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. Last Updated: 07/27/2016

Yeltsin Signs Pacts With Lukashenko

President Boris Yeltsin promised deeper economic integration with Belarus after talks Tuesday with Belarussian President Alexander Lukashenko, but ruled out the communist dream of recreating the Soviet Union.

"Life itself pushes Russia and Belarus towards integration," Yeltsin said after a two-hour meeting in the Kremlin with Lukashenko, Interfax reported.

The two presidents signed several bilateral agreements, and Yeltsin stressed that cooperation would develop between two fully independent states.

"The Soviet Union was created for a purpose, but there was someone who was not able to preserve it," he said, in a reference to his old nemesis, Soviet president Mikhail Gorbachev. "We, however, are not creating the Soviet Union, the communists' dream. We are strengthening close integration ties for the benefit of the peoples of Russia and Belarus."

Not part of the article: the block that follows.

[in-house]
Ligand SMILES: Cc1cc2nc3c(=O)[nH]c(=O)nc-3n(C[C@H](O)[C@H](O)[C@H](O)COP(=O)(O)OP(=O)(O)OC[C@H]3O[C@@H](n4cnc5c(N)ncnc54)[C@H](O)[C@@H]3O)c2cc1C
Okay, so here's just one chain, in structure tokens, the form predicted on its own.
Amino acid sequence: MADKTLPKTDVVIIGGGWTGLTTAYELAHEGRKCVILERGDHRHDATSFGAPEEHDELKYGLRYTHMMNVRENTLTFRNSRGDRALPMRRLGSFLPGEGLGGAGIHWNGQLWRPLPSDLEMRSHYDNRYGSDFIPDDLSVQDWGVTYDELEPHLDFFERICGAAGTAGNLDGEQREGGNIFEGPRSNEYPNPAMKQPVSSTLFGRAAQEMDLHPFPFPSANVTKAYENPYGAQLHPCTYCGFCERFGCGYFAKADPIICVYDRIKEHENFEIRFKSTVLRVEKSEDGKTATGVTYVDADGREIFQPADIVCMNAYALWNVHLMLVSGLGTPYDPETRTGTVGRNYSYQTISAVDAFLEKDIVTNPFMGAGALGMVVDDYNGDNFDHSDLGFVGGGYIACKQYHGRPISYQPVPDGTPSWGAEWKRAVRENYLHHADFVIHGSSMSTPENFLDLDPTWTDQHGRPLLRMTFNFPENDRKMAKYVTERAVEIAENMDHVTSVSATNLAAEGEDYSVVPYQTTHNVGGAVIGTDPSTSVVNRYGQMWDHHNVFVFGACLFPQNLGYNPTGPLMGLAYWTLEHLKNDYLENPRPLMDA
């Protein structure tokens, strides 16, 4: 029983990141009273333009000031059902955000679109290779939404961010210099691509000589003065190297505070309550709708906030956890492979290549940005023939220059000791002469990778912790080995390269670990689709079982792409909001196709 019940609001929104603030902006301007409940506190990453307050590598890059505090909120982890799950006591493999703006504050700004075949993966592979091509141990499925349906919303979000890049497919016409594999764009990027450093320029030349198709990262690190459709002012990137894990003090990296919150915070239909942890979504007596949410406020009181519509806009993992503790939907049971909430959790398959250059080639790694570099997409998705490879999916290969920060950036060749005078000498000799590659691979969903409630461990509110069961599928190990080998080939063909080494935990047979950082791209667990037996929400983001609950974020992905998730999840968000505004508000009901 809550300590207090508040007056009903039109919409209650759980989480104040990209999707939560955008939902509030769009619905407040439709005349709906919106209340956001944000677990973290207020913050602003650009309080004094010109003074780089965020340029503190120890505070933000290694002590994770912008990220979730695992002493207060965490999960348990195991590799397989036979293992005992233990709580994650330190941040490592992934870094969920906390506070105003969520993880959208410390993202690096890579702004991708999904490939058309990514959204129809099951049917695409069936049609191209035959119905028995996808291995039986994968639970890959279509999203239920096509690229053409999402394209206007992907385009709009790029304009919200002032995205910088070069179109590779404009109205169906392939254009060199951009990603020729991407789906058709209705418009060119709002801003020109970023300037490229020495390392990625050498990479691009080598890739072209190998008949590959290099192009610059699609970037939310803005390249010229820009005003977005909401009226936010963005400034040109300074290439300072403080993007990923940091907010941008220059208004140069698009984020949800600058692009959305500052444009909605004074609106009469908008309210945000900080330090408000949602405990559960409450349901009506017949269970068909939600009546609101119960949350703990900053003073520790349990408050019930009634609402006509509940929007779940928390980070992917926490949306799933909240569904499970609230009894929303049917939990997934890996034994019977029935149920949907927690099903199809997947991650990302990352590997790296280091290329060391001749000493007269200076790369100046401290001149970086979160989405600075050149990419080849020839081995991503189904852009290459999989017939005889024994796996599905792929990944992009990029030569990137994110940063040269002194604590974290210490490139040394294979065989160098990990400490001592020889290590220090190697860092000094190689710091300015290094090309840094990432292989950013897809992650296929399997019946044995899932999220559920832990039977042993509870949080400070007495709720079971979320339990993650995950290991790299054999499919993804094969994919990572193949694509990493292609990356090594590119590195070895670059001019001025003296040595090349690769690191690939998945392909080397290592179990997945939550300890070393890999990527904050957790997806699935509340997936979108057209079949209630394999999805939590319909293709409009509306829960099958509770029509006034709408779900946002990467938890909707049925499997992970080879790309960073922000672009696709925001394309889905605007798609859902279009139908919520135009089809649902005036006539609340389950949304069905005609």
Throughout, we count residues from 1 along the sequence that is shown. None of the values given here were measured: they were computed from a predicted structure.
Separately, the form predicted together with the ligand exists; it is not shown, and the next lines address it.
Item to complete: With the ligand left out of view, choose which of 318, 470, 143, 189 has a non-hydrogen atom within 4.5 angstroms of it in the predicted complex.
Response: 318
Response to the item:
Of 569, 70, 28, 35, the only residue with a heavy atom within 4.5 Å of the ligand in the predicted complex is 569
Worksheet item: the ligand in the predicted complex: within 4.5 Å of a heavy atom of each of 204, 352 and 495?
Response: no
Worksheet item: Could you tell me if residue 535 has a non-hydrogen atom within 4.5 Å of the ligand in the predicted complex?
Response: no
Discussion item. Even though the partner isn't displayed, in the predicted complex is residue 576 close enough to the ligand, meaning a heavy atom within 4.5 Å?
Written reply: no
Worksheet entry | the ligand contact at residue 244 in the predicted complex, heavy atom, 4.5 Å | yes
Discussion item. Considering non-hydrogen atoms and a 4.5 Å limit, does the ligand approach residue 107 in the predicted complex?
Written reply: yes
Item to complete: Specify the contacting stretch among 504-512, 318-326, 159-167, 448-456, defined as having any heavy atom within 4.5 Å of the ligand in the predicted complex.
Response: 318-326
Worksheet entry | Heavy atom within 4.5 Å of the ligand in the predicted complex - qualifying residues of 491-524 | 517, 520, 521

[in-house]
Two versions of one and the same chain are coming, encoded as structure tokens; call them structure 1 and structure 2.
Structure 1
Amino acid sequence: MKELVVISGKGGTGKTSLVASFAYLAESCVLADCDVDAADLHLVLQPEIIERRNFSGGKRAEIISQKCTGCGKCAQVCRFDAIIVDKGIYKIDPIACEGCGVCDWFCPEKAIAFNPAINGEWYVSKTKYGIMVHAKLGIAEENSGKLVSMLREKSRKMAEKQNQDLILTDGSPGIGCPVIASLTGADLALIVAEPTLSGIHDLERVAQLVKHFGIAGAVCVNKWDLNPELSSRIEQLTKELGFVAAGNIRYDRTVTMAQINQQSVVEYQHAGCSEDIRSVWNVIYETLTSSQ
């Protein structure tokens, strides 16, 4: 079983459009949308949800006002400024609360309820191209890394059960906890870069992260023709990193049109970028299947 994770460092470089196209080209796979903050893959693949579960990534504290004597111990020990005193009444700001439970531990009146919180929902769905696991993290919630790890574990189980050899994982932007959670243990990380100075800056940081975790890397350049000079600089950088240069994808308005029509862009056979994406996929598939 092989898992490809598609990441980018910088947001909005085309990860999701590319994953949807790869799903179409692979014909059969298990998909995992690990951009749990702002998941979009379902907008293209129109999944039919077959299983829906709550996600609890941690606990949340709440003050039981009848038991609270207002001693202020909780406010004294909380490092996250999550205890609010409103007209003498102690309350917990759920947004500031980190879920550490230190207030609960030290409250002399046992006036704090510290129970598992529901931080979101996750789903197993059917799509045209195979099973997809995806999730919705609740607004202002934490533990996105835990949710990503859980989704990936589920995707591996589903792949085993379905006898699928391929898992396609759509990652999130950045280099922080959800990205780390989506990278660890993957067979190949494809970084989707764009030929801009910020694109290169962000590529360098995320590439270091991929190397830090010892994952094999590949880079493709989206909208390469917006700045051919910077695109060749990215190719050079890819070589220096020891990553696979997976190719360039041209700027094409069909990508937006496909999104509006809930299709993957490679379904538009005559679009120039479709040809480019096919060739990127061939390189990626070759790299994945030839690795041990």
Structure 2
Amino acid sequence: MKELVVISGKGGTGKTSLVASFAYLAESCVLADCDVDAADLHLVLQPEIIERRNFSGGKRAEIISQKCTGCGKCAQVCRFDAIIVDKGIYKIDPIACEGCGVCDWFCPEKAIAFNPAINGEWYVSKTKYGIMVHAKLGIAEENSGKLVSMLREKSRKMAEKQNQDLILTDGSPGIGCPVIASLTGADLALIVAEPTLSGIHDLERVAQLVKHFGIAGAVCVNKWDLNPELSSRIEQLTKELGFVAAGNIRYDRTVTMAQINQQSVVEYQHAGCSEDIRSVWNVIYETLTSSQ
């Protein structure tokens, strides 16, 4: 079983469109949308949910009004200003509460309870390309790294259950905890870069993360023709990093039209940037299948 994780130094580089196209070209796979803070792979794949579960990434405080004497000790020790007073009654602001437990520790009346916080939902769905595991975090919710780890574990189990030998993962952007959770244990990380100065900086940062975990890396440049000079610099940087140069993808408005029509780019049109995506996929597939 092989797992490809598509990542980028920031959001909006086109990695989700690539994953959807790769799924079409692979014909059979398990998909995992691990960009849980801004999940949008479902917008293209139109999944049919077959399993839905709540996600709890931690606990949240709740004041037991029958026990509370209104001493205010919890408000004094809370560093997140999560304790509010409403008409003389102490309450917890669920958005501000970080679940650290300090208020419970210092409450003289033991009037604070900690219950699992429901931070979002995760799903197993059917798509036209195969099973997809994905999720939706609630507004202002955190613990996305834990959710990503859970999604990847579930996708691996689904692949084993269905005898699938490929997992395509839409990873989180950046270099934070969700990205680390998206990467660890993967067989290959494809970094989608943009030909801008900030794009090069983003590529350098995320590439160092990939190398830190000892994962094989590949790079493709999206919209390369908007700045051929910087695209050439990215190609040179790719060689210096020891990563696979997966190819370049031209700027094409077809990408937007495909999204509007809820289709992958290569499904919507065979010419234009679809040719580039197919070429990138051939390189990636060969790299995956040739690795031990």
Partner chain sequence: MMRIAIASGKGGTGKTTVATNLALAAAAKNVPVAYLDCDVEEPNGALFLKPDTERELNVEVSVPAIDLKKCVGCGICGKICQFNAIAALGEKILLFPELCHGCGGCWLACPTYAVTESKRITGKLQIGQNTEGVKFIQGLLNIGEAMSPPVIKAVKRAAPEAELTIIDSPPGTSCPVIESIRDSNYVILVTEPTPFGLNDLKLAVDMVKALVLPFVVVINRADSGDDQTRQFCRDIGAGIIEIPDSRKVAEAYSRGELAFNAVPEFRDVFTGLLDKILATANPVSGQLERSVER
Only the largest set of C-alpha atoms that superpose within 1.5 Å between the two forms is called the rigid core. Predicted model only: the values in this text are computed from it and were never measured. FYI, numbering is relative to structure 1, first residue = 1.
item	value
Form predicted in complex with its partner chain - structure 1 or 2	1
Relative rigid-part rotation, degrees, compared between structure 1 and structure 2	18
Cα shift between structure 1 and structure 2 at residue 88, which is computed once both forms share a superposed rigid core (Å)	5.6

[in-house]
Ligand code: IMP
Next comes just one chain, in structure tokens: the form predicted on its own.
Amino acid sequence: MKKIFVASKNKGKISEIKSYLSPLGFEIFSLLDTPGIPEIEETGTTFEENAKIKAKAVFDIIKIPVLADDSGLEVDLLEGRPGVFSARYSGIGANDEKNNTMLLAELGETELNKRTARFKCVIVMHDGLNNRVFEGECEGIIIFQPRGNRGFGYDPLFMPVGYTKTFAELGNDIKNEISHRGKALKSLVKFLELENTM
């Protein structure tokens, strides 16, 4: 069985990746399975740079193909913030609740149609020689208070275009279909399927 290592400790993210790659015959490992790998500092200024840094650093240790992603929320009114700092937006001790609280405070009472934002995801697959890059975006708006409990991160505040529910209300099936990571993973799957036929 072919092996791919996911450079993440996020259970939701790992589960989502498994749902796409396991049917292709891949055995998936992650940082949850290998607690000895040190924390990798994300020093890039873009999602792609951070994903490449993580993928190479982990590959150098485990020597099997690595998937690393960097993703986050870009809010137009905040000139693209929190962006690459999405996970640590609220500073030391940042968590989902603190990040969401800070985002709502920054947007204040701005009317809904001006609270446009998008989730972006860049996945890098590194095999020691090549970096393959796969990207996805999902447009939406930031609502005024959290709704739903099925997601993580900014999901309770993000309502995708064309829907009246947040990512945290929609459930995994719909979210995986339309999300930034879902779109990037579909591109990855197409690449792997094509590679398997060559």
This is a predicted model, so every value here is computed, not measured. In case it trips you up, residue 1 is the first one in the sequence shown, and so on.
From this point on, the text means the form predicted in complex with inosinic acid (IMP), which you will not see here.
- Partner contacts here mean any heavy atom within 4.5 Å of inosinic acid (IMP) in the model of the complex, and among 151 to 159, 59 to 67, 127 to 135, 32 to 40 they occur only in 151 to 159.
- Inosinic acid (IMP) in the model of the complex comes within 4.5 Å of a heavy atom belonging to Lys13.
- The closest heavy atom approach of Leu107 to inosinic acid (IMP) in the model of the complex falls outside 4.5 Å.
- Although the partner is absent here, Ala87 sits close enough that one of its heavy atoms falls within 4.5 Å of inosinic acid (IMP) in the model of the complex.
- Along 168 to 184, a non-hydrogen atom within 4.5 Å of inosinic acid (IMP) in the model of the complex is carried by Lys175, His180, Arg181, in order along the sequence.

One of the deals the presidents signed Tuesday clears debts between the two countries in a so-called "zero option." Russia would write off Belarussian debts accumulated up to Jan. 1, 1996, and Belarus would drop demands for payment for uranium removed from nuclear weapons on its soil.

"Belarus owed us a certain amount [for energy supplies] and we owed Belarus for giving up tactical, strategic rockets containing uranium, which we, of course, did not throw away," said Yeltsin. "From this moment, neither of us owes the other anything and we can build integration of our relations on this basis."

Russia is planning to reach an agreement with Poland to build a road from Belarus through Poland, to give Russia and Belarus access to the Russian enclave of Kaliningrad, said Yeltsin.

Lukashenko then met with members of the Federation Council and with Prime Minister Viktor Chernomyrdin. Six bilateral agreements were signed after the meetings, according to Itar-Tass.

Lukashenko hailed the agreements as a turning point in moves toward integration between Russia and Belarus. "Today [we] managed to do what the Russian people have truly long dreamt of," he said, Interfax reported.

"Without Russia we can not ensure Belarus' economic security," he said. On the other hand, Lukashenko said, Belarus "was the Soviet Union's assembly shop and had one of the most intelligentsia-intensive industries in the Union." He said Belarus contributed $3 billion annually to the Soviet budget.

Belarus "is not a dead weight on Russia's legs," he said.